New Research: Does financial literacy – or lack thereof – play a role in IPO underpricing?
TORONTO – Tuesday, March 21, 2023 – New research from York University’s Schulich School of Business shows that greater financial literacy, or investment smarts, reduces the likelihood of Initial Public Offerings (IPOs) being underpriced when they are first offered to institutional and retail investors.
The findings are contained in an article published recently in the Journal of Financial and Quantitative Analysis. The article was co-authored by Kiridaran (Giri) Kanagaretnam, Professor of Accounting and Ron Binns Chair in Financial Reporting, Banking and Governance at Schulich, together with Gerald Lobo, the Arthur Andersen Chair of Accounting at the University of Houston’s C.T. Bauer College of Business;
Lim Chee Yeow, an Associate Professor at the School of Accountancy, Singapore Management University; and Jason Jia, an Assistant Professor at Wilfrid Laurier University and a Schulich PhD graduate.
The researchers examined the relationship between financial literacy and IPO underpricing for a large sample of 14,831 IPOs from 34 countries over the 1998 to 2020 period. They used two measures of financial literacy that captured individuals’ basic financial knowledge, including the ability to invest in stocks, bonds, and mutual funds.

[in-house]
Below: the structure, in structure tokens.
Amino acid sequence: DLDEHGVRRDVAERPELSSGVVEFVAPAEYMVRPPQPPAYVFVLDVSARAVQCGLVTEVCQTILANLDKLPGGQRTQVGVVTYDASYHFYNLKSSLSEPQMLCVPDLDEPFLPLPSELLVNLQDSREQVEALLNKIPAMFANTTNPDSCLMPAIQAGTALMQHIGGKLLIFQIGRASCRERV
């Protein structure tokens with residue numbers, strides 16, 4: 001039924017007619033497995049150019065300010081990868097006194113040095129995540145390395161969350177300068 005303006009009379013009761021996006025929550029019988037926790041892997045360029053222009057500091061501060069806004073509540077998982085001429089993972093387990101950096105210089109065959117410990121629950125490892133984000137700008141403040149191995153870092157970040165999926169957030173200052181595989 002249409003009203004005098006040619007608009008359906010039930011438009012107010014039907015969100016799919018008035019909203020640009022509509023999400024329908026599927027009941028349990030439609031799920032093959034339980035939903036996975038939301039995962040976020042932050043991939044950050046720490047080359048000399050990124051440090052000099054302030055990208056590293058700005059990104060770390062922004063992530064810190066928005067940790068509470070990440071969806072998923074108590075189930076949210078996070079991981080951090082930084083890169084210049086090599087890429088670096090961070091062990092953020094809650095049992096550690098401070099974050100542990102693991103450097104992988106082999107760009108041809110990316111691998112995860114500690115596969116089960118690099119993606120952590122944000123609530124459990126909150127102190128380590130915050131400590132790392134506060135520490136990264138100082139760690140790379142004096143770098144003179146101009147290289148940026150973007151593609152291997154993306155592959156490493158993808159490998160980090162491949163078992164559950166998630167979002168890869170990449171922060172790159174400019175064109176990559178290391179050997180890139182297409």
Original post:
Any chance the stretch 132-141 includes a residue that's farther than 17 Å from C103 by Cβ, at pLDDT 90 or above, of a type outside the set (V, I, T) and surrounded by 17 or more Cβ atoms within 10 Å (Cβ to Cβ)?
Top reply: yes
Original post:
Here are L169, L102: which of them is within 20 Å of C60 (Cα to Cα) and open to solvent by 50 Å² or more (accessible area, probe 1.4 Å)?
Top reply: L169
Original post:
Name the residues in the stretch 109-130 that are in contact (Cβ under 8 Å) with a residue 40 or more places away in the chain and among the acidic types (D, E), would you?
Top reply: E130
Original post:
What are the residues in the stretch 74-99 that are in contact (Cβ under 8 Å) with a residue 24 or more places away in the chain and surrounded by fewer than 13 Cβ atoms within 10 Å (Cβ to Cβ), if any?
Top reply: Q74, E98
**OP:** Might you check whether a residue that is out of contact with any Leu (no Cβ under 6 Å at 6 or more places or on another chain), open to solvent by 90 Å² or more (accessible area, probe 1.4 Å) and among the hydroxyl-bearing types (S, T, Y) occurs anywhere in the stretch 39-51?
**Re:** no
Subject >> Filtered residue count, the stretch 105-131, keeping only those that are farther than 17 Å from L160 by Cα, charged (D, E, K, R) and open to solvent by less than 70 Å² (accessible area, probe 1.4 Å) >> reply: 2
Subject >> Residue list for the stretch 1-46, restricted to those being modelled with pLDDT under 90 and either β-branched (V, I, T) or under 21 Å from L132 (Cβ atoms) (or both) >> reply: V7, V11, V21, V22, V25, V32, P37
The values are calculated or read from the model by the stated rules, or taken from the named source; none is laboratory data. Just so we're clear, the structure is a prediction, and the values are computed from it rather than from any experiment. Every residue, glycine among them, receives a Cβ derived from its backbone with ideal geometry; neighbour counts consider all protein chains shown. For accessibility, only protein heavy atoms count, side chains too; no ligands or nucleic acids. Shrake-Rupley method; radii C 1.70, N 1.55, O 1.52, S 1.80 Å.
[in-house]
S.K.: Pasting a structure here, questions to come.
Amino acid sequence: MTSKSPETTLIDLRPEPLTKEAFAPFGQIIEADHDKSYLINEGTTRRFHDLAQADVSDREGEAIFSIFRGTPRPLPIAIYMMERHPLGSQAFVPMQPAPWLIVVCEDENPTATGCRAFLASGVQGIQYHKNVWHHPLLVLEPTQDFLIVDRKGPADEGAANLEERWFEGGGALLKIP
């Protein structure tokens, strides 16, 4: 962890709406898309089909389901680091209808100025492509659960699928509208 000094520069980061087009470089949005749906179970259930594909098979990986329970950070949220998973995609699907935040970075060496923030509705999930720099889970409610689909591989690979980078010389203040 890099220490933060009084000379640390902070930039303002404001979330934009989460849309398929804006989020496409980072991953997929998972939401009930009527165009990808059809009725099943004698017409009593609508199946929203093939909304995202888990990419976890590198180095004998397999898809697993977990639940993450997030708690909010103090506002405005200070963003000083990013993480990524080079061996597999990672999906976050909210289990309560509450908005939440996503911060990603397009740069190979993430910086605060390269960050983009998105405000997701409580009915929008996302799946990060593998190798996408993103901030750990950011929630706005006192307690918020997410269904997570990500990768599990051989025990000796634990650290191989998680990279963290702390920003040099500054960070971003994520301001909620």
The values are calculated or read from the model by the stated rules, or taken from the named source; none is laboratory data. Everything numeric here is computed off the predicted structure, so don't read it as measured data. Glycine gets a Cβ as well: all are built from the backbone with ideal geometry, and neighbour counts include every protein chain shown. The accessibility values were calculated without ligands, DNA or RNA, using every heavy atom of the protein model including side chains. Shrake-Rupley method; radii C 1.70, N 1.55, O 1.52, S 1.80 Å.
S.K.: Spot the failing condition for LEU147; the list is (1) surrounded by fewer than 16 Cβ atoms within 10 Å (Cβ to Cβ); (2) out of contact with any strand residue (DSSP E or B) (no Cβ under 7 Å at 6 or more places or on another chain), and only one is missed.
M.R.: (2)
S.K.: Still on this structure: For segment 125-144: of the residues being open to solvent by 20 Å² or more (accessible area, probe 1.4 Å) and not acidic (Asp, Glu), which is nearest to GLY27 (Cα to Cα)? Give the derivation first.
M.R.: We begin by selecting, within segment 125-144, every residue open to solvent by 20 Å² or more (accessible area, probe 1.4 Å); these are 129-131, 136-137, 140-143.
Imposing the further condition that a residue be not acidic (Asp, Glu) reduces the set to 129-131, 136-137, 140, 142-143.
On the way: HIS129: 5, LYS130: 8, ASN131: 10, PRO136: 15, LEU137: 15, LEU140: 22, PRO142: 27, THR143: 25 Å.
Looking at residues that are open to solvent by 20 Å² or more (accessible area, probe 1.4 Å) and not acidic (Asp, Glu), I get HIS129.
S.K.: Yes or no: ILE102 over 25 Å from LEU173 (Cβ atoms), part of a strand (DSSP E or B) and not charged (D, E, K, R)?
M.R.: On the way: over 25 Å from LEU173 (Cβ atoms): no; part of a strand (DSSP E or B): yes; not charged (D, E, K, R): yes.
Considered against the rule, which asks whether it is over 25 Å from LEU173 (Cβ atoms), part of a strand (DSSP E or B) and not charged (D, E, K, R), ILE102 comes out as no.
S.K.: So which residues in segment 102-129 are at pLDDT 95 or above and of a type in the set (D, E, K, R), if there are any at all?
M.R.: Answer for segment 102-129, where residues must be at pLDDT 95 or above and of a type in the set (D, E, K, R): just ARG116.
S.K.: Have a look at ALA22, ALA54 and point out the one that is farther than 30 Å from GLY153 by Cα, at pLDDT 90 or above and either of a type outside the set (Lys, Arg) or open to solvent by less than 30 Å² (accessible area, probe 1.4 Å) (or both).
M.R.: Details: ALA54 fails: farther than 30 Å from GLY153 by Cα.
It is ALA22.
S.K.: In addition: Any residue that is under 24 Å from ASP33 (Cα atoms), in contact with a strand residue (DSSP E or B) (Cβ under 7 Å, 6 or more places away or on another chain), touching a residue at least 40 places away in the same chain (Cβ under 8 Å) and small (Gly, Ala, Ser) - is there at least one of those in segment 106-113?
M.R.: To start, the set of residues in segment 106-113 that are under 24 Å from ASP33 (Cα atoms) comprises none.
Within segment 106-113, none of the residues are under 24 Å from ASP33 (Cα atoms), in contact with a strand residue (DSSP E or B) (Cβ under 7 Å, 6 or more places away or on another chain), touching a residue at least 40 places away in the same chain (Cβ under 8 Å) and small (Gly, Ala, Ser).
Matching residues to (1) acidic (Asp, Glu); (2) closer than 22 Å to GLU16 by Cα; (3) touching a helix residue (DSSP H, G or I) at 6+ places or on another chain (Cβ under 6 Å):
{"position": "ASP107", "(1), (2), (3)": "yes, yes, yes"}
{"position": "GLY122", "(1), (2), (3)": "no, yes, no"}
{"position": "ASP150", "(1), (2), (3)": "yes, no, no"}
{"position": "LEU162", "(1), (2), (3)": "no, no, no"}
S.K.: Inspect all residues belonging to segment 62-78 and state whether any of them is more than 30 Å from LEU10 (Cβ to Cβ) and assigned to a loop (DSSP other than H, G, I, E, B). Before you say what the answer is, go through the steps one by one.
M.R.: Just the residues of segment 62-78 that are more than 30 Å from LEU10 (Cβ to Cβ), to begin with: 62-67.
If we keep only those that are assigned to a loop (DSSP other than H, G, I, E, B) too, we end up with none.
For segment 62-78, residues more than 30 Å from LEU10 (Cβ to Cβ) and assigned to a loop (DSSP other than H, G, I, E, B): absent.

“Financial literacy is important for the efficient functioning of financial markets,” says Kanagaretnam. “Financially literate individuals possess fairly advanced financial knowledge and are therefore better able to seek out higher-level financial news and analyst reports, which may disclose additional information.”
The bottom line, says Kanagaretnam: “In IPO transactions, the more informed the investors involved are, the less likely the IPO will be underpriced. For a company going public, when you’re underpriced, you’re leaving some money on the table.”
The research study is one of the first to document the relationship between citizens’ financial literacy and IPO underpricing and provides evidence that highlights the role of financial literacy in mitigating capital market inefficiencies.
Giri Kanagaretnam is available for interviews about the research findings.